The fourth season of "The Universe" comes to its conclusion with
one of its cleaner, more interesting, and more fun episodes here.
Kickstarting this in-depth look at the many inter-related forms of energy
is a segment on its transformation from one form to another. Here, we end up
getting a bit of a buffet, with all the many forms spread out before us,
while the scientists give details about what it is that makes many of these
forms different, and in what ways they are all the same. Einstein's
E=mc˛ is brought in to give us the idea that matter itself is a form of energy,
yet strangely this sits side by side with the old Newtonian concepts
of kinetic and potential energy, while no one comments on how the calculation
of such things had to be re-thought and overhauled to conform with
relative frames of reference. It would also have been nice to note
that, in E=mc˛, the transformation is solely the acts of absorption/emission
between matter and the energy of electromagnetic radiation.
But then, even when some combinations don't sit too well with each other,
this buffet has a bit of everything on offer.
"Power is equal to energy per unit time."
The next segment focuses on the various forms of energy and
energy transformations involving stars, like our own sun.
Topics include solar flares and charged particles as well
as most of the common big changes that can occur during
a star's life cycle. Curiously though, the segment begins
with Amy Mainzer's demo of an electric sportscar, which
is only cleanly sun-related when your house is also powered
by solar panels. Those of us still on an electricity grid
powered by coal or dirty nuclear fission might still be
putting much pressure on the environment with an electric car.
And the "Ask the Universe" question for this episode is...
"How can we harness energy from neutrinos emitted by the sun?"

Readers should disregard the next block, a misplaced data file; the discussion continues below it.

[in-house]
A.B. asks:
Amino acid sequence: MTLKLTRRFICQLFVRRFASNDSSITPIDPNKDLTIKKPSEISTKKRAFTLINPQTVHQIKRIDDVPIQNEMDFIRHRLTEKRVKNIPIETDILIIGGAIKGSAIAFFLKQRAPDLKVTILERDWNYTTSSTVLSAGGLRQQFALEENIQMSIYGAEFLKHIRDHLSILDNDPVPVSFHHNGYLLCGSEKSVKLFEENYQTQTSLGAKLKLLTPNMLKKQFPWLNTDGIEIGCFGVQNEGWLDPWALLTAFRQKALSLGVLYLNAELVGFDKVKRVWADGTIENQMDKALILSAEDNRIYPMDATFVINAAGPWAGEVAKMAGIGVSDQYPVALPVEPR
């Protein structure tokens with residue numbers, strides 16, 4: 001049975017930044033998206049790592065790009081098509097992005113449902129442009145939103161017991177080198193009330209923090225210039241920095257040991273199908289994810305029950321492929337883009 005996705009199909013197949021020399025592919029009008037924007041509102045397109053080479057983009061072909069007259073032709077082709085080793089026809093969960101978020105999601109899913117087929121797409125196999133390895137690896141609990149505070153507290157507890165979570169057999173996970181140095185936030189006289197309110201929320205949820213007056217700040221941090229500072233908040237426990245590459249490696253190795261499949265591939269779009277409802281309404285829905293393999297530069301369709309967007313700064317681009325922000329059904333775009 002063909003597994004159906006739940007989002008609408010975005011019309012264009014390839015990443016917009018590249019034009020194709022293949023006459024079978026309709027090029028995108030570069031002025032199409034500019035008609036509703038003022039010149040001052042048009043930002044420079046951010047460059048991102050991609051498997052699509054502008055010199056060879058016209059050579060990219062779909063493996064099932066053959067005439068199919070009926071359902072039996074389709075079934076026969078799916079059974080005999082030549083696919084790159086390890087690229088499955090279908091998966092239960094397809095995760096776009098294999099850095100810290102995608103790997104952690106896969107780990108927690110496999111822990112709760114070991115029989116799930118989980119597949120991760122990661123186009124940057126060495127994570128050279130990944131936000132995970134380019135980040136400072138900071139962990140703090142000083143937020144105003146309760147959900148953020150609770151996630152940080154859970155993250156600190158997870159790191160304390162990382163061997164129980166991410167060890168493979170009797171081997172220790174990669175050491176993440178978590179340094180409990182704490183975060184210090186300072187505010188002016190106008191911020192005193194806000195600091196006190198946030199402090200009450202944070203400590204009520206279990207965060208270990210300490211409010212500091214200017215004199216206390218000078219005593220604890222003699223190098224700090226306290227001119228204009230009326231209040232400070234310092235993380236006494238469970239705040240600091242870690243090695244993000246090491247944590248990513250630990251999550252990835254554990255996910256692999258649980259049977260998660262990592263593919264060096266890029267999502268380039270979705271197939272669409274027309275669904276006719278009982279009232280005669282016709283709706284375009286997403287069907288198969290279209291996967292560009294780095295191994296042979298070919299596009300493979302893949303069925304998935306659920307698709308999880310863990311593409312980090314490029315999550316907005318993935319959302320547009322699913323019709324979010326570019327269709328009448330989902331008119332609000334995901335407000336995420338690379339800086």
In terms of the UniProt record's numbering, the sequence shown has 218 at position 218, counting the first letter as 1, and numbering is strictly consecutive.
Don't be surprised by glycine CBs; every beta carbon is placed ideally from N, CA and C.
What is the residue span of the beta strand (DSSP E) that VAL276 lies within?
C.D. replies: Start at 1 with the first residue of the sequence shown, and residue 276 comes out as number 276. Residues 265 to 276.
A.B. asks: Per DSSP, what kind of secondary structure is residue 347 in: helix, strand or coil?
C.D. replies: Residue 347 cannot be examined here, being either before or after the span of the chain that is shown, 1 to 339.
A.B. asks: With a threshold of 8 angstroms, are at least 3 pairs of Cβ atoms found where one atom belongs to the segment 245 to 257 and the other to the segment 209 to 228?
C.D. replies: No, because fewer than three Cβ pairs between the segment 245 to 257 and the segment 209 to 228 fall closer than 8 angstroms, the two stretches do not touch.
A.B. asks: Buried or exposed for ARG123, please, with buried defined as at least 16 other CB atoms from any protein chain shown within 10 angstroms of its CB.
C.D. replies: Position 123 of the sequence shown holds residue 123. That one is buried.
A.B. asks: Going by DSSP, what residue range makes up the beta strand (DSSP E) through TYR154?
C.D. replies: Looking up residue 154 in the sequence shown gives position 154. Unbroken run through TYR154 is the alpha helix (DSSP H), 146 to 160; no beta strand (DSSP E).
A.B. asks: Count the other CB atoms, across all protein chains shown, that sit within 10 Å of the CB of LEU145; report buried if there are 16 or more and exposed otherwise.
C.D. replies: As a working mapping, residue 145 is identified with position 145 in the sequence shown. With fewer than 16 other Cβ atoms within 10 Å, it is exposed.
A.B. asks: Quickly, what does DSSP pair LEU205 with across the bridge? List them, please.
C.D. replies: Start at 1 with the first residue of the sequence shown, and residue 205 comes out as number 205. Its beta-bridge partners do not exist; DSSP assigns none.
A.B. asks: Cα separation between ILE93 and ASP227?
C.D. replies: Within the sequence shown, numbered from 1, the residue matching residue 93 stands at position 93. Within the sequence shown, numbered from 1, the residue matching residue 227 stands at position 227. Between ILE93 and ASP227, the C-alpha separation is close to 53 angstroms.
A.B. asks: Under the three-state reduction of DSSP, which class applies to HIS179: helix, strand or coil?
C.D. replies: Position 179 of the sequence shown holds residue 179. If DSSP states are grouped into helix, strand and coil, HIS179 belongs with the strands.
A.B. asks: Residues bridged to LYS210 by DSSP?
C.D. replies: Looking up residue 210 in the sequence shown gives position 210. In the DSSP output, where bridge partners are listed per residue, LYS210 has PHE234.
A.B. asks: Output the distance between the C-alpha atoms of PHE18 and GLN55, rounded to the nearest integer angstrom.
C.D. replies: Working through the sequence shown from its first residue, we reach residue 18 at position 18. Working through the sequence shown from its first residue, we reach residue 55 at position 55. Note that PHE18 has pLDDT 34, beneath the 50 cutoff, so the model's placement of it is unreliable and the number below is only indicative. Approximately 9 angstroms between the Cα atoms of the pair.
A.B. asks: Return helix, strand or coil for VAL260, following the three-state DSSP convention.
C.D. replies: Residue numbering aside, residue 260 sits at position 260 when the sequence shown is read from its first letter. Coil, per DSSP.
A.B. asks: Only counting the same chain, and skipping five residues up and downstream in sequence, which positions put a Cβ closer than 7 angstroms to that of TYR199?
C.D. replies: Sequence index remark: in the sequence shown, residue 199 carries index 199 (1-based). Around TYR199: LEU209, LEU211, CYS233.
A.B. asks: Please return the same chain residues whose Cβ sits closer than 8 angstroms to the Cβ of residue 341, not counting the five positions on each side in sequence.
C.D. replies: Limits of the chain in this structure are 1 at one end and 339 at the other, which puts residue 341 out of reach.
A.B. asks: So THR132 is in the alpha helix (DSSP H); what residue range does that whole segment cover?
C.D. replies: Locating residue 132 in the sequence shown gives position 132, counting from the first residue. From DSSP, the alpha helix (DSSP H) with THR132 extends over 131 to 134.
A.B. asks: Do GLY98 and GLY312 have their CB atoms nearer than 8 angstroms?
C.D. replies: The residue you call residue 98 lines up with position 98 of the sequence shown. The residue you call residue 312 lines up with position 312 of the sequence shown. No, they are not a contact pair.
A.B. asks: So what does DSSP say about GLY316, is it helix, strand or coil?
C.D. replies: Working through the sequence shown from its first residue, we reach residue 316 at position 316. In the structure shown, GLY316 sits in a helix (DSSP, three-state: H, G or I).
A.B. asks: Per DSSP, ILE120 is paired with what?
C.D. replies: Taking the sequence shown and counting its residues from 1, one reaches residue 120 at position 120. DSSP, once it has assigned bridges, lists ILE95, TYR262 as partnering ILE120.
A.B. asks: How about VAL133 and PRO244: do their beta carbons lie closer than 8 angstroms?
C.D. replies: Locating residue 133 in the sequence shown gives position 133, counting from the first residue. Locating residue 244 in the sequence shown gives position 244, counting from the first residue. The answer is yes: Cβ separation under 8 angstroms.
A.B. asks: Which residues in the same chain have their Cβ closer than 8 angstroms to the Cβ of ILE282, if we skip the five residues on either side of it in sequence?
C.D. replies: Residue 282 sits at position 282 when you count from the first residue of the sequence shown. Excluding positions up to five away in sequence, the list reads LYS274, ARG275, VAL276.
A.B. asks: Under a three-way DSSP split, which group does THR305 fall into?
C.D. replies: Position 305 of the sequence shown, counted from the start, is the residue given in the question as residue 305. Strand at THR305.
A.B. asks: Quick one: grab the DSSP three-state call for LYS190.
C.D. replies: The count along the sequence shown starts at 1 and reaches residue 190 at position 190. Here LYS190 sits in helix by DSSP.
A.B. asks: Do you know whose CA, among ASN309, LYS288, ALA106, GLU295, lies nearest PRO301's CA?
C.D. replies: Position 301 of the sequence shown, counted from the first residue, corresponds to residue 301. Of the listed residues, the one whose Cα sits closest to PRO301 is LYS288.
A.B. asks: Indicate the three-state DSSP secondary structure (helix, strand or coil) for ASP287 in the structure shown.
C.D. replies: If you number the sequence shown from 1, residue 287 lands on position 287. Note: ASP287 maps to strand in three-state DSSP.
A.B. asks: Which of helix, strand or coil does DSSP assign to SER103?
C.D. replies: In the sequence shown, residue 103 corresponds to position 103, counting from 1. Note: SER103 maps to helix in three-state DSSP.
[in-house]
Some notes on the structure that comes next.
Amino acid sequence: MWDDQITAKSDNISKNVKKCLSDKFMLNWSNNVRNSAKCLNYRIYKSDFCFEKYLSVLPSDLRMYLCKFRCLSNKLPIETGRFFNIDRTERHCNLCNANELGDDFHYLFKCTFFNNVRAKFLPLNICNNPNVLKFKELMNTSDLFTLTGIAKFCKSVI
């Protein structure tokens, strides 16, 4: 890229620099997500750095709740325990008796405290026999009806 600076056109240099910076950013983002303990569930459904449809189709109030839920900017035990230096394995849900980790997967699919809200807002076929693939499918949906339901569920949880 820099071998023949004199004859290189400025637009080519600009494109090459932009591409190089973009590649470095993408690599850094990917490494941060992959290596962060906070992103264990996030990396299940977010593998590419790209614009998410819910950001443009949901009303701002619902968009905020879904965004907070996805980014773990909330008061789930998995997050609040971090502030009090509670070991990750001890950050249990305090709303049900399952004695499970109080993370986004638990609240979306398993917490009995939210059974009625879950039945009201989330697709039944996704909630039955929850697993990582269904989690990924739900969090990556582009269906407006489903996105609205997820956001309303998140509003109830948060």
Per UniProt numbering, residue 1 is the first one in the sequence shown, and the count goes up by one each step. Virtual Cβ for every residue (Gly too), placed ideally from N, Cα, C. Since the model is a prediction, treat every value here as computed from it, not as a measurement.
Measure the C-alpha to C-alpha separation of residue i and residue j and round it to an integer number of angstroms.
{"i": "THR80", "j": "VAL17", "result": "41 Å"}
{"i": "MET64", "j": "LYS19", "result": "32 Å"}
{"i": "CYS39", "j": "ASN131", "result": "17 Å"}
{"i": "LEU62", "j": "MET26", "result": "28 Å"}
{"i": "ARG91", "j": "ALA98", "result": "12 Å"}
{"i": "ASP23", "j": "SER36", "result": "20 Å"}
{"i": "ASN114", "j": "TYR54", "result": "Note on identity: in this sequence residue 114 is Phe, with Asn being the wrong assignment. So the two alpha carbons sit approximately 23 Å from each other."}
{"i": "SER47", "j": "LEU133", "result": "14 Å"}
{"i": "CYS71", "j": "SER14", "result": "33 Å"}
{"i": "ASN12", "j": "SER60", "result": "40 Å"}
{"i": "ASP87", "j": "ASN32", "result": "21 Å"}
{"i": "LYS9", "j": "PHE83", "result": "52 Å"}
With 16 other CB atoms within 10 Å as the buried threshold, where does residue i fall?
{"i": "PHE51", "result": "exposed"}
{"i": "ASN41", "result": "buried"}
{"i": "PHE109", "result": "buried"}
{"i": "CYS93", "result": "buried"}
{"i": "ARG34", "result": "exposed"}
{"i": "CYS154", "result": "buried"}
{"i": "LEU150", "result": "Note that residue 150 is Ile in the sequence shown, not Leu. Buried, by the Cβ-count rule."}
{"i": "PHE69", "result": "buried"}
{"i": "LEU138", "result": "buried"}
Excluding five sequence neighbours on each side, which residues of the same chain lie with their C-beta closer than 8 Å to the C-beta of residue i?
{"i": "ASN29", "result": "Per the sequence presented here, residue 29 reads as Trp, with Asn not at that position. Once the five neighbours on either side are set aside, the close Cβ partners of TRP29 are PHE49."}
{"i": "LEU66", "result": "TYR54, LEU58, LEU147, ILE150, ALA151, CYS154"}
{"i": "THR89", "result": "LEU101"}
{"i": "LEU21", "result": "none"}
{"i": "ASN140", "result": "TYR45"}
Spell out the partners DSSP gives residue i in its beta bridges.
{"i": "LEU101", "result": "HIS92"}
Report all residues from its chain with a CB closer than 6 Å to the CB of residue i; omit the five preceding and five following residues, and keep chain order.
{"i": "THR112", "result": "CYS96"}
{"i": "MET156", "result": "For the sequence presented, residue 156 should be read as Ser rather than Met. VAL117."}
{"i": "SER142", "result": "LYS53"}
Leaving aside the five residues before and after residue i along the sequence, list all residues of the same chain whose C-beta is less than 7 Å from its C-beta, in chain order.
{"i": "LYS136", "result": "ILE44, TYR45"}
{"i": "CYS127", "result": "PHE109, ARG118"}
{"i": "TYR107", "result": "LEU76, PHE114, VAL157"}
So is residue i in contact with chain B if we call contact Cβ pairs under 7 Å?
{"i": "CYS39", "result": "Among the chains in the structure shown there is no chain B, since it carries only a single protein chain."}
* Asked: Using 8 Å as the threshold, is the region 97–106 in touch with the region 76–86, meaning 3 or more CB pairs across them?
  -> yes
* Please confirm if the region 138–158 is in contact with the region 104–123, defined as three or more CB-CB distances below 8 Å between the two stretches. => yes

- Alan K., Chicago, Illinois
The discussion naturally eases itself from stars and
supernovae to supermassive black holes at the center of galaxies
and some of the even higher energy transformations occurring there,
including some far-fetched concepts for harnessing that energy.
Some of the episode's most startling imagery is featured
at this point. Much time is then spent on discussing
the resulting cosmic rays, and their possible impacts
on our technology.
The fascinating section on the Earth's geothermal energy and
how we harness it nicely expands into a discussion of
similar energies on the giant planets of our solar system
and on Jupiter's moon Io. Winds on these planets and on
Earth are also explained and discussed.
Finally the enigma of proposed dark energy gets its moment
in the spotlight. Though this subject has been tackled
before on "The Universe", and even got its own episode,
the presentation here is actually the clearest, most
watertight explanation of what it is, why we think
it is there, and how it deeply affects the fundamental
cosmology of our entire universe. Laura Danly is really
on form in this segment. Very much worth checking out.
Overall, this is one of the better episodes of the fourth
season, one which tackles a fascinating subject and draws
some classic moments out of the regular scientists and onto film.
from the disc sleeve:
Ours is a universe of energy, from powerful jets ejected from black holes
to the raw nuclear fury of the Sun. But the total amount of energy in the
universe maintains perfect equilibrium; no more can be added or taken away.
Because of this, there are enormous amounts of energy, from electric to
thermal to kinetic, being transferred and creating awesome cosmic events
and stellar displays.
- Solar Power
- Supermassive Black Holes
- Geothermal Energy
- Dark Energy